Bryan Masters | Thundar the Boy Giant

Go To Artist Page

Recommended if You Like
John Hiatt Peter Case Radney Foster

Album Links
Bryan Masters PassAlong QtrNote Tradebit Audio Lunchbox PayPlay Apple iTunes Bitmunk

More Artists From
United States - Kansas

Other Genres You Will Love
Rock: Folk Rock Folk: Power-folk Moods: Solo Male Artist
There are no items in your wishlist.

Thundar the Boy Giant

by Bryan Masters

Bryan Masters' crooked heart was educated along the two-lane blacktops and dirt roads of Kansas, and this music speaks of small towns, dreams lost and found, and the torments of real love.
Genre: Rock: Folk Rock
Release Date: 

We'll ship when it's back in stock

Order now and we'll ship when it's back in stock, or enter your email below to be notified when it's back in stock.
Sign up for the CD Baby Newsletter
Your email address will not be sold for any reason.
Continue Shopping
just a few left.
order now!
Buy 2 or more of this title and get 10% off
Share to Google +1

Tracks

Available as MP3, MP3 320, and FLAC files.

To listen to tracks you will need to either update your browser to a recent version or update your Flash plugin.

Sorry, there has been a problem playing the clip.

  song title
share
time
download
1. Grace
Share this song!
X
2:49 $0.99
2. You Again
Share this song!
X
2:46 $0.99
3. Miss You Sundays
Share this song!
X
3:29 $0.99
4. Leap of Faith
Share this song!
X
3:09 $0.99
5. Two Flattop Guitars
Share this song!
X
3:22 $0.99
6. Thunderhead
Share this song!
X
2:39 $0.99
7. New Blue Canoe
Share this song!
X
2:55 $0.99
8. All Torn Down
Share this song!
X
2:21 $0.99
9. My Turn
Share this song!
X
3:15 $0.99
10. Goodbye Kiss
Share this song!
X
2:38 $0.99
11. Last Song
Share this song!
X
2:52 $0.99
preview all songs

ABOUT THIS ALBUM


Album Notes
Bryan Masters' crooked heart was educated along the two-lane blacktops and dirt roads of Kansas, and his music speaks of small towns, dreams lost and found, and the torments of real love. Literate, lyrical, 21st-century American folk music for folks who think, hurt, laugh and live through busted hearts. Here's what others say:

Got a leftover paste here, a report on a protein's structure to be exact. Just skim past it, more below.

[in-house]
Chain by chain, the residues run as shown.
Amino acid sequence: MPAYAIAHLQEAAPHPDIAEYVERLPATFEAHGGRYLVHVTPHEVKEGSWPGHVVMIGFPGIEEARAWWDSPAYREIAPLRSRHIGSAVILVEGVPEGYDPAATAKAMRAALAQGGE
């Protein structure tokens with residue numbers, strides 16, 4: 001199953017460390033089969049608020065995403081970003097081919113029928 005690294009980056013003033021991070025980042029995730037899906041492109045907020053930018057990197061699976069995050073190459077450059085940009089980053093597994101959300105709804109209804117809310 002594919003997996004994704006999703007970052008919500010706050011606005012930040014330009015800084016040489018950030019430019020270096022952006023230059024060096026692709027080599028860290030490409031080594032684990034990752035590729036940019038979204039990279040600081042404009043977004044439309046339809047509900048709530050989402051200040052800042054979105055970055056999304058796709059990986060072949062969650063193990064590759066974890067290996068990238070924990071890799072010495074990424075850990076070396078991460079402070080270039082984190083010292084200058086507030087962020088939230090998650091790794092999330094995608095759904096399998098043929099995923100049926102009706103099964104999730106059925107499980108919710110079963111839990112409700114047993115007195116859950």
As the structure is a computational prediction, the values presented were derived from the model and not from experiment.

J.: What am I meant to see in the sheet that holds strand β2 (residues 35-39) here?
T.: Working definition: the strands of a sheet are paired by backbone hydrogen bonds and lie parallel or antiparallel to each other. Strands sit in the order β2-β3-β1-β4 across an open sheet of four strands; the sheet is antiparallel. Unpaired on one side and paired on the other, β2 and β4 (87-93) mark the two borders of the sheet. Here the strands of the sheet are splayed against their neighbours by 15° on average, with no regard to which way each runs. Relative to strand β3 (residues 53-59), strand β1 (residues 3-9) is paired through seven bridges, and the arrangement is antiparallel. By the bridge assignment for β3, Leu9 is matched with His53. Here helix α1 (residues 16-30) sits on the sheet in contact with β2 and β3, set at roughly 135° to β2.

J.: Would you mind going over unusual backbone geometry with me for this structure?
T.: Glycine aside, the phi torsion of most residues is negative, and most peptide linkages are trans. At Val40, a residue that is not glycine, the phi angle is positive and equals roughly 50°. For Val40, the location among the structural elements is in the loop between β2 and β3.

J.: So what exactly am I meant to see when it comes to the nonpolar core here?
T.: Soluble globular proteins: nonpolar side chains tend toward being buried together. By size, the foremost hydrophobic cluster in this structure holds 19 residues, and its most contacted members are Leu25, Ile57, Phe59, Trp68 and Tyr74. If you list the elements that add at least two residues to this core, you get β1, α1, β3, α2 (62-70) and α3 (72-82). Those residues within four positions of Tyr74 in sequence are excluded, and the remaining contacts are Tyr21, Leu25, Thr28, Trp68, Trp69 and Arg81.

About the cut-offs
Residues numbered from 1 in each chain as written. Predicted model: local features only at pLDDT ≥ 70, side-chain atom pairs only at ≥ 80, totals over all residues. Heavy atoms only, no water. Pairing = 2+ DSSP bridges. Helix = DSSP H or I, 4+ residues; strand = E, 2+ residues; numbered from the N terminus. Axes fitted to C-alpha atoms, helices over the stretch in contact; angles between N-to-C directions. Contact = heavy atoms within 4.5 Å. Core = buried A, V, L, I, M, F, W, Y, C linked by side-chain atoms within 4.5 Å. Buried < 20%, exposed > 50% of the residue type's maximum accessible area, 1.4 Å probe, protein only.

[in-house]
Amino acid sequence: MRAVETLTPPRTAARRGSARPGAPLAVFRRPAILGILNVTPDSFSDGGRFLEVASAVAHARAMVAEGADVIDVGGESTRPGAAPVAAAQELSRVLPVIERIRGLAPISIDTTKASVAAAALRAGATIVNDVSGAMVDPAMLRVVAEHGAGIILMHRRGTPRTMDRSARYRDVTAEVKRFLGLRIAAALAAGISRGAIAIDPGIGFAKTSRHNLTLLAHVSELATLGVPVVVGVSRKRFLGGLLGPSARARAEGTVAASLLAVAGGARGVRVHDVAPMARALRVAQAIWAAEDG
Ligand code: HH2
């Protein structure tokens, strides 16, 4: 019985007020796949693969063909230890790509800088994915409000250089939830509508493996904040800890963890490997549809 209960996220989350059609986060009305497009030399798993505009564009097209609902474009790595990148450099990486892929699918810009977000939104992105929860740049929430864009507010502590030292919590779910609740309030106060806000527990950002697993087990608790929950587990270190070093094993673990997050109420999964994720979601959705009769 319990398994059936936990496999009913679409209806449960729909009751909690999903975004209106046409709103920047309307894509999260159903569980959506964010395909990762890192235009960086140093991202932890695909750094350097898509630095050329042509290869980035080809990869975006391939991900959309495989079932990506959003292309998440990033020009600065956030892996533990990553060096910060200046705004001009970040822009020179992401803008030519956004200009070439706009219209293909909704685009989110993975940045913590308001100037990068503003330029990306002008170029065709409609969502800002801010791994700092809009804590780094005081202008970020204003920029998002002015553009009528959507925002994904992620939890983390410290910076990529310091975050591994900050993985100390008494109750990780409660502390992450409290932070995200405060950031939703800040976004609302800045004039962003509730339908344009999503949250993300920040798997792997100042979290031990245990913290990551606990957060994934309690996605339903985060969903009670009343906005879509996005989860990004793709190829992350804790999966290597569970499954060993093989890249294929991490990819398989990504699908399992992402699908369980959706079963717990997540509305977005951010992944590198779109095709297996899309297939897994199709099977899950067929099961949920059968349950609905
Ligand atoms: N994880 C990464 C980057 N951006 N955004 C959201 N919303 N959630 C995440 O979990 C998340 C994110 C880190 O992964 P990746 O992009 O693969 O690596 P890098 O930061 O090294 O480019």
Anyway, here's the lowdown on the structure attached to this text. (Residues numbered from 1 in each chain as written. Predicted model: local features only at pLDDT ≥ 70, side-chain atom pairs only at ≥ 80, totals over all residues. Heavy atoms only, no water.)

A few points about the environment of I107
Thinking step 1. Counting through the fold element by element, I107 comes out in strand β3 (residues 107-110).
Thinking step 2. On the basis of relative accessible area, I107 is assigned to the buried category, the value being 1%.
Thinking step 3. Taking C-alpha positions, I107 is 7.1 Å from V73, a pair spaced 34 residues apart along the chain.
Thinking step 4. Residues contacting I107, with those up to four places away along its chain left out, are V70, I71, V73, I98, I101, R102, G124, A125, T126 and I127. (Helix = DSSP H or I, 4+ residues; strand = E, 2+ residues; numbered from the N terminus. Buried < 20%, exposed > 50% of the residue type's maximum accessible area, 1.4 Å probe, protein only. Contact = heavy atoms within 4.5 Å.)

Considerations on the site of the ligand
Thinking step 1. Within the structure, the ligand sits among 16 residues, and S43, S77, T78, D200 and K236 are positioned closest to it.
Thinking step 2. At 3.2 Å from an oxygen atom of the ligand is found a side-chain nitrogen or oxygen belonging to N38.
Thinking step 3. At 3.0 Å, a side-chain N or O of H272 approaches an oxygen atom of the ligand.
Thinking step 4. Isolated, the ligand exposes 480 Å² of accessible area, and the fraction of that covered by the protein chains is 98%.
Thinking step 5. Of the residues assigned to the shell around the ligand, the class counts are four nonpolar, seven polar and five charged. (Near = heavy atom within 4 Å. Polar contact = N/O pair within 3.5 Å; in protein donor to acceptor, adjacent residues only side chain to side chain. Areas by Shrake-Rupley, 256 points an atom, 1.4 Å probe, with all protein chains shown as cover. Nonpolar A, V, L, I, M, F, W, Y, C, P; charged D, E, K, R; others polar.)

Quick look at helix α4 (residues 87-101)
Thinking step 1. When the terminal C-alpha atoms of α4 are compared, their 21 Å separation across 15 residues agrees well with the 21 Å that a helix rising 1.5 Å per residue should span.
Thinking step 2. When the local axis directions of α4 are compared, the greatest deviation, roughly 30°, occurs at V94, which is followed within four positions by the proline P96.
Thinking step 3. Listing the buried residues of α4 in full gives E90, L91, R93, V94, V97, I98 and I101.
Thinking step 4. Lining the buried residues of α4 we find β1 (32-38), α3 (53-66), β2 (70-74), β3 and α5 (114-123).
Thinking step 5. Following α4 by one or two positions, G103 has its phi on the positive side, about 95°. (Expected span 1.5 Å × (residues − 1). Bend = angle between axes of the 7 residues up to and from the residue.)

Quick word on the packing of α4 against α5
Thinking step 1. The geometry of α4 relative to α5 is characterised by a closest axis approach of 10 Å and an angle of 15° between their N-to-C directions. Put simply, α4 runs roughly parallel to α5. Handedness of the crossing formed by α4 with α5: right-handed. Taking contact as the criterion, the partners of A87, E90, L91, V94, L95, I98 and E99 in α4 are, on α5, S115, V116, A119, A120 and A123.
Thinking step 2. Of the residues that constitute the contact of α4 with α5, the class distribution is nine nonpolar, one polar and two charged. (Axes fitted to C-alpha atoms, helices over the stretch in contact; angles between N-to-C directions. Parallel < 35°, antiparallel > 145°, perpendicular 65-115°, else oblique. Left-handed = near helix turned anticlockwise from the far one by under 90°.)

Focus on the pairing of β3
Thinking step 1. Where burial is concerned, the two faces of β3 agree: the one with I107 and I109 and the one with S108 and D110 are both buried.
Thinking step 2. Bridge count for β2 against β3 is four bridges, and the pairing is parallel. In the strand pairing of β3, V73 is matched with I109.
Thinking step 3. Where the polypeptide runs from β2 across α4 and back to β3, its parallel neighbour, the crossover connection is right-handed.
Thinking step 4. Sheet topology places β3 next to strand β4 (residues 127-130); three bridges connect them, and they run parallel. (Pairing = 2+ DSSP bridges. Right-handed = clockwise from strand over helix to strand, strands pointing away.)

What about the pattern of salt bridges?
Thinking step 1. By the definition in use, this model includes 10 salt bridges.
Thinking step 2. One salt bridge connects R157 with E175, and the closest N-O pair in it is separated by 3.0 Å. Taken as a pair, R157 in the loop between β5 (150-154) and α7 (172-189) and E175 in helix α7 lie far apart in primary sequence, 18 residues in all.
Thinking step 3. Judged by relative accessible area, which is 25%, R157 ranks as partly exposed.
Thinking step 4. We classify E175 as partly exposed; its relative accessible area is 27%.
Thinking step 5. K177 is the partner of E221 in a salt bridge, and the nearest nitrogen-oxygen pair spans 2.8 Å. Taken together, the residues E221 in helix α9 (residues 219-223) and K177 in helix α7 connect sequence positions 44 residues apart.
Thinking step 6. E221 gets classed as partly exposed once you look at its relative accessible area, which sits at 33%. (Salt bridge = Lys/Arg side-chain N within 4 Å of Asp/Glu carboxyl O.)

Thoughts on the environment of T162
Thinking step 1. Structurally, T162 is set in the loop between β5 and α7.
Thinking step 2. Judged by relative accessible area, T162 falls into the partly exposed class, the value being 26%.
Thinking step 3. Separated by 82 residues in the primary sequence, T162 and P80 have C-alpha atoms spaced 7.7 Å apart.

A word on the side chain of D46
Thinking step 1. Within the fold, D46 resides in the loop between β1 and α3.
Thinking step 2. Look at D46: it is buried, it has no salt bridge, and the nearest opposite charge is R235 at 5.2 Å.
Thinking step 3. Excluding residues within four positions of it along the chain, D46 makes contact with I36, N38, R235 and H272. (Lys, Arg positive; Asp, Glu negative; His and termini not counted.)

"It took years of playing around the Wichita music scene for Bryan Masters to finally release his solo debut in 2001 (the beautiful and aptly titled So Low), and only a year to follow it up. Upon listening to Masters' new CD, Thundar the Boy Giant, one must concur that it was a year well-spent.

In contrast to the spare, simple So Low, which featured nothing more than acoustic guitar and solo vocal, Thundar is a fully-fleshed and nearly seamless slab of catchy, intelligent folk-rock. The eleven songs herein are performed by an ensemble of some of Wichita's most venerable and accomplished players. With this dream team of fellow travelers, Masters has trumped himself.

Thundar is that rarest of birds, a sophomore effort that eclipses the debut. Though So Low was truly a lovely piece of work, its spartan instrumentation and mostly-melancholy tone weren't exactly uplifting (hey, neither was Nebraska). With the addition of a band, not to mention carefully-crafted arrangements, Masters' heartfelt songs take on new life here, soaring to new heights, resounding to new depths.